I’d wanted to fly there and land for some time but finally on Sunday 10th July 2022 the planets aligned. Our friends Harry and Rianne would be home and were keen to go for a flight around the area. My pilot friend Luc and I had been discussing a flight there for a while as he was a member of the Murwillumbah Aero Club a while back and knows the area so he agreed to go as navigator and co-pilot. And the weather was fine! We had had some rain in the week leading up to the day so I checked with the aero club president, Martyn, who warned me against flying any earlier as the airstrip had been a bit soft but after some stiff westerly winds on Thursday and Friday said Sunday would be fine.

Luc and I topped up the tanks of MSF to about 230 litres to give us sufficient fuel for the flight down, a one hour scenic with Harry and Rianne and the flight back, while not exceeding the MTOW. Then we were off into the wild blue yonder and that’s what it was. Not a cloud in the sky as we flew VFR from Redcliffe via Lake Samsonvale and squeezed between the Archerfield and Amberley controlled airspace then on over Beaudesert towards the Scenic Rim. The Great Dividing Range was visible on the horizon to the west.

Beaudesert and Dividing Range

We’ve stayed at a couple of mountain lodges in the Border Ranges called Binna Burra and O’Reilly’s that I’d never spotted from the air so, given the perfect weather, and with Luc’s navigational skills, and some help from OzRunways and the VTC map we flew right over the top of them.

O’Reilly’s with Mt Warning in the background

From there it was a short hop, making sure we descended in time to remain below the controlled airspace steps, into Murwillumbah.

Mount Warning

There was a light breeze from the south west so we landed on RWY19, which has the interesting challenge of some industrial buildings quite close to the threshold, so there was a last minute nose down attitude to bring us down to a point near the threshold just before the flare.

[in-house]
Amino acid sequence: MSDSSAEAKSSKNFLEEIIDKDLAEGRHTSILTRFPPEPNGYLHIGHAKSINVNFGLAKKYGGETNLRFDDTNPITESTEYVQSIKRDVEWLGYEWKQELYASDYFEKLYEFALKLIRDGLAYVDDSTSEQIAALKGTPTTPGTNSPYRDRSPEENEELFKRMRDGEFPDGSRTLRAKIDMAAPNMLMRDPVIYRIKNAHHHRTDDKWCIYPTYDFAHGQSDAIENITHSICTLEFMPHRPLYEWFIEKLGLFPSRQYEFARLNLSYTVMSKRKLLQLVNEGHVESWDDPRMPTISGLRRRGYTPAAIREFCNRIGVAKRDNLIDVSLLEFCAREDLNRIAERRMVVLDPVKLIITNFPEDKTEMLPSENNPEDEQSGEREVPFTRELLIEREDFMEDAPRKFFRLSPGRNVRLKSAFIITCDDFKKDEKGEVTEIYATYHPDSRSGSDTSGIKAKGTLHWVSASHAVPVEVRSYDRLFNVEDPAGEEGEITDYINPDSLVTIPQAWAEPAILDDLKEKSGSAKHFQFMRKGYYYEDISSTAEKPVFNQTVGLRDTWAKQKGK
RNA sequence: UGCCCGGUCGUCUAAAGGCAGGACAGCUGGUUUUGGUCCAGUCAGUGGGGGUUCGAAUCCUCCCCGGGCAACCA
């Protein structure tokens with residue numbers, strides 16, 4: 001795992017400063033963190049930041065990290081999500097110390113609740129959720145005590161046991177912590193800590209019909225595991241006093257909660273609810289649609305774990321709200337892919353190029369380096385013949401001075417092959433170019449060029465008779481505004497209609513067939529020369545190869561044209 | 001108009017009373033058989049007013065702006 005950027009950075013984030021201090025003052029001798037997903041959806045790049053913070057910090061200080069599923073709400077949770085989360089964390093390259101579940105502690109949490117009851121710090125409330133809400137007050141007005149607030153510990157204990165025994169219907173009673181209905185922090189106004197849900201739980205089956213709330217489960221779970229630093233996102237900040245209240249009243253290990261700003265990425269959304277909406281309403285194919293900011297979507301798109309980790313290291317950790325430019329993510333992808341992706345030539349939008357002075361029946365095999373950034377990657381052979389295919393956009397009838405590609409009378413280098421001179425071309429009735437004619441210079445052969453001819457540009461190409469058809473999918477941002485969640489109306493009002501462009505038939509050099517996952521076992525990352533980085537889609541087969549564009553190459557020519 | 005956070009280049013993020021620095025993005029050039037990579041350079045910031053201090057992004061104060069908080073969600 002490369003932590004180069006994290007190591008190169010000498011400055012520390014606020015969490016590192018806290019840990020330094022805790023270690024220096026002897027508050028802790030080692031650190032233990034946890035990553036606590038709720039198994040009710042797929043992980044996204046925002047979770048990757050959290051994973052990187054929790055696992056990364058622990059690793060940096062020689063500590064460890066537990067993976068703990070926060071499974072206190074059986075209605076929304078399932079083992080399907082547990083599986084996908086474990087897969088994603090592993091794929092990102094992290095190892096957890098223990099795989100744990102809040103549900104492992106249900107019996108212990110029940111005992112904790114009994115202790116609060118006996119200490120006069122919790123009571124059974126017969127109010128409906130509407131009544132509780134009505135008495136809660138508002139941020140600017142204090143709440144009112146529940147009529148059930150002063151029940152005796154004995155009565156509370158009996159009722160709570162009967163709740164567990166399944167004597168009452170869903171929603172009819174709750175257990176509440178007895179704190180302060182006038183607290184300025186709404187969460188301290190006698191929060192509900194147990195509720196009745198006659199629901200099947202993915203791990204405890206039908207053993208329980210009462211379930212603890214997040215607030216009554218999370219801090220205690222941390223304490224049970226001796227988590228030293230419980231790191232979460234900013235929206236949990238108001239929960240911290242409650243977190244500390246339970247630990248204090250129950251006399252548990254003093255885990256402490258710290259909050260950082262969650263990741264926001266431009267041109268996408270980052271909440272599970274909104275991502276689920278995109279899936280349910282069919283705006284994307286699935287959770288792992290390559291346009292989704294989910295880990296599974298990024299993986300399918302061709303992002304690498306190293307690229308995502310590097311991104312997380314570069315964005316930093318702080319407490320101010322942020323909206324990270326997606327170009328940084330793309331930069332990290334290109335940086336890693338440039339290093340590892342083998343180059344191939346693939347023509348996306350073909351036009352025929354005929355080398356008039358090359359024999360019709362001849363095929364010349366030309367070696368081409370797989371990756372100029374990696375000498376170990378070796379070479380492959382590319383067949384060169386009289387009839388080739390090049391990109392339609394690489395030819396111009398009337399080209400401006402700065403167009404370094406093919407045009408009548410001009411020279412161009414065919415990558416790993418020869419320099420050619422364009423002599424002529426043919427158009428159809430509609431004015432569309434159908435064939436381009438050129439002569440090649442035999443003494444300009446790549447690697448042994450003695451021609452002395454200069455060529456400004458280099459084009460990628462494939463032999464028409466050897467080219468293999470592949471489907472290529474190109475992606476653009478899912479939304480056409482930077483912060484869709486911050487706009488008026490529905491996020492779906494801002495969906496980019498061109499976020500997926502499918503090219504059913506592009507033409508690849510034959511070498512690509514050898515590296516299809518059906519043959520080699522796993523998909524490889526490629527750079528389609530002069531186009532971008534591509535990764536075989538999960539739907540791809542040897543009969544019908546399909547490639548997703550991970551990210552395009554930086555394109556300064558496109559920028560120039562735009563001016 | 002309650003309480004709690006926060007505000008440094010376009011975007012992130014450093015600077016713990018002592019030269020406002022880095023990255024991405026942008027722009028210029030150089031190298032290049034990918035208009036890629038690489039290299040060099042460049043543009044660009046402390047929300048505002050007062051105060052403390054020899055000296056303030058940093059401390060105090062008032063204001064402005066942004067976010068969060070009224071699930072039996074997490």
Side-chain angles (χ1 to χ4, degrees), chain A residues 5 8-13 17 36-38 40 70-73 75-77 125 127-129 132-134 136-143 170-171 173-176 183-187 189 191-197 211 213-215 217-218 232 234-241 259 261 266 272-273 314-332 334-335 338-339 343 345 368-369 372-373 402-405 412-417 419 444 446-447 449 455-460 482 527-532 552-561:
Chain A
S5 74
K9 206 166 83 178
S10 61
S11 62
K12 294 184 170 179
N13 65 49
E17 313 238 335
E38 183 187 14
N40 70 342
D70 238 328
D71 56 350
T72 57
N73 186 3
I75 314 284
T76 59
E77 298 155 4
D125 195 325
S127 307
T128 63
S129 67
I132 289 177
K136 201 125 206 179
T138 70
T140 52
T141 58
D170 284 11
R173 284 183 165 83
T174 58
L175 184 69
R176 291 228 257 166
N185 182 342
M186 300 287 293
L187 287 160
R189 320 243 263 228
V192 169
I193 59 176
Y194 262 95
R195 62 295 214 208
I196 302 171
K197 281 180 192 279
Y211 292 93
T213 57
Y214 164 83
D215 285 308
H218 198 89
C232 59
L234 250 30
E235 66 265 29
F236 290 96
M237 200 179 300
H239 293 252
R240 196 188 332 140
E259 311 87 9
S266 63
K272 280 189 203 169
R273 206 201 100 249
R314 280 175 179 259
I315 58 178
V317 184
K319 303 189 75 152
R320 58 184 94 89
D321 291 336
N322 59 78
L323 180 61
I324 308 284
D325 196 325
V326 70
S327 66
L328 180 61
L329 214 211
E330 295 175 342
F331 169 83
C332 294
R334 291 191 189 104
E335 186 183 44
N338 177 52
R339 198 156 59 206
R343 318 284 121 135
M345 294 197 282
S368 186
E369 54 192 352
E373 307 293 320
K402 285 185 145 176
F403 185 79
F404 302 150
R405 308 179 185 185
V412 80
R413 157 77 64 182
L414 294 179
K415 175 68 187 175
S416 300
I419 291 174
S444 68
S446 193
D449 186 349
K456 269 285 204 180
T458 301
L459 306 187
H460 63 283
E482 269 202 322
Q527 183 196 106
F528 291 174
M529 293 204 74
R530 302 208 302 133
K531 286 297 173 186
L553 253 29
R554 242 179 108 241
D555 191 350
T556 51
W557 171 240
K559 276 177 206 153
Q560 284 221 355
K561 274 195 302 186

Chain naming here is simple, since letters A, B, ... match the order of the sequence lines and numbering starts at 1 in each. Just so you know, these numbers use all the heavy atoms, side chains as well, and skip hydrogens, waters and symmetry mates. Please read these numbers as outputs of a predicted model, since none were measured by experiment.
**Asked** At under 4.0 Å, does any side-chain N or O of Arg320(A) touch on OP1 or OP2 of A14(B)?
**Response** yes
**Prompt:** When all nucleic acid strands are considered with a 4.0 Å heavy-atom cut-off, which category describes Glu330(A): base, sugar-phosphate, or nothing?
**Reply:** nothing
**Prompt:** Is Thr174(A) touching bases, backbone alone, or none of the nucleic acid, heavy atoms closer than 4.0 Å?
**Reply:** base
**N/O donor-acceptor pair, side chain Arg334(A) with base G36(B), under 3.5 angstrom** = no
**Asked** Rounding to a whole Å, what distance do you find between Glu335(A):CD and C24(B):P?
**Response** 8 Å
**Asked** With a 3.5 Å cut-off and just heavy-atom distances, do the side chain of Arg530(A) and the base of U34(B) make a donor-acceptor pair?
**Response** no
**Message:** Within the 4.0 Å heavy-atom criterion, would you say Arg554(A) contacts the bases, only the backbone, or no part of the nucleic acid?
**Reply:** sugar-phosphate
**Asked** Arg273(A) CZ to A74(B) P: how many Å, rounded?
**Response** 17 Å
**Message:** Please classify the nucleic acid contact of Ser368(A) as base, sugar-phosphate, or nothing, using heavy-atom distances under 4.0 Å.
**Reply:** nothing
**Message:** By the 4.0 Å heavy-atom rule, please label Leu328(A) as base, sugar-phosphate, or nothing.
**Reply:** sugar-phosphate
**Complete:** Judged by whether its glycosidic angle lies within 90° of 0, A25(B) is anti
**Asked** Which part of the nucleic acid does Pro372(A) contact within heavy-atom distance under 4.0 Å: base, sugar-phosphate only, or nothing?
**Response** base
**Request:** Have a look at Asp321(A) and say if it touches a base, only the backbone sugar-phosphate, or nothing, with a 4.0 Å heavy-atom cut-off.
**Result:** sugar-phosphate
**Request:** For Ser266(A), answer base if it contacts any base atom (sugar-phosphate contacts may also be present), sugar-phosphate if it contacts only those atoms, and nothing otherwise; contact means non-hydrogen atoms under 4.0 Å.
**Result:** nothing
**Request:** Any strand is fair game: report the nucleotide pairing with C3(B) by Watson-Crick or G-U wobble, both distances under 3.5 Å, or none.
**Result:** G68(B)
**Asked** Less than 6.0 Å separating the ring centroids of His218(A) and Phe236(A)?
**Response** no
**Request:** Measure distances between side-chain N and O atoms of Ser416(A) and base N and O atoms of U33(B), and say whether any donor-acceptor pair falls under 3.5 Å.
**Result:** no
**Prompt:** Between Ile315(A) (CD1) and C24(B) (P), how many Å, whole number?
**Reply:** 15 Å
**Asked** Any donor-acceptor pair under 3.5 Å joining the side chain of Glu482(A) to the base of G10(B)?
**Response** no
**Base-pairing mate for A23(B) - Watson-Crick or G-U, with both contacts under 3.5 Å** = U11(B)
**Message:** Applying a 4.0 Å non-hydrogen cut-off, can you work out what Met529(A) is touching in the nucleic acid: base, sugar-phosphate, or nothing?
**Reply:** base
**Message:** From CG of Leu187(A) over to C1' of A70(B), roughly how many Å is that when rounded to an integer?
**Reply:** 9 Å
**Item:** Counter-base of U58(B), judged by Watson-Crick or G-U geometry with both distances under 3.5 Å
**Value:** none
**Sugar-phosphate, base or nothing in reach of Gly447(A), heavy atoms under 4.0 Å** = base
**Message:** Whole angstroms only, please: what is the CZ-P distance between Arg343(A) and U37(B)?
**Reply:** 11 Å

I’d texted Harry our ETA as 10:50 and we were right on time. Taxiing off the runway we found a patch of grass that didn’t look too soft and shut down. Harry and Rianne came over and after a short meet and greet and chat about the flight they watched Mike’s Cirrus briefing video on my Ipad while I chatted with Bill, one of the local club members. He was taking the club’s 172 for a scenic flight down the coast.

We took off and headed over to the coast so we could have an aerial view of Harry and Rianne’s house.

Heading for Round Mountain

In a few minutes we were over the top with a birds eye view of their house.

Orbiting over Round Mountain

From there we followed the coast down to Brunswick Heads…

Brunswick Heads

…then headed inland over the hills to Nimbin, and followed one of the many valleys past Mount Burrell and back towards Mount Warning.

You could see the Gold Coast skyscrapers in the distance.

Soon we were landing back at Murwillumbah.

Short final RWY19

Harry and Rianne invited us to lunch at the River View Hotel overlooking the Tweed River in Murwillumbah and we chatted about the flight and the natural beauty of the area. All agreed it had been spectacular.

After lunch Luc and I were dropped back at the airstrip and were soon heading for home. While we were still on the ground we obtained a transponder code from Brisbane Centre, then took off and retraced our steps to Round Mountain at 1000ft.

Over Hastings Point, we obtained a clearance from Gold Coast Tower to transit through their airspace along the coast at 1000ft.

Lake Cudgen and Cabarita

First we passed Kingscliff and the Tweed River. Then it was on past Fingal Head to Point Danger.

Fingal Head and Tweed River

A jet took off to the south as we passed the Gold Coast airport. Otherwise there was no other traffic flying in, out or around. We had the airspace all to ourselves!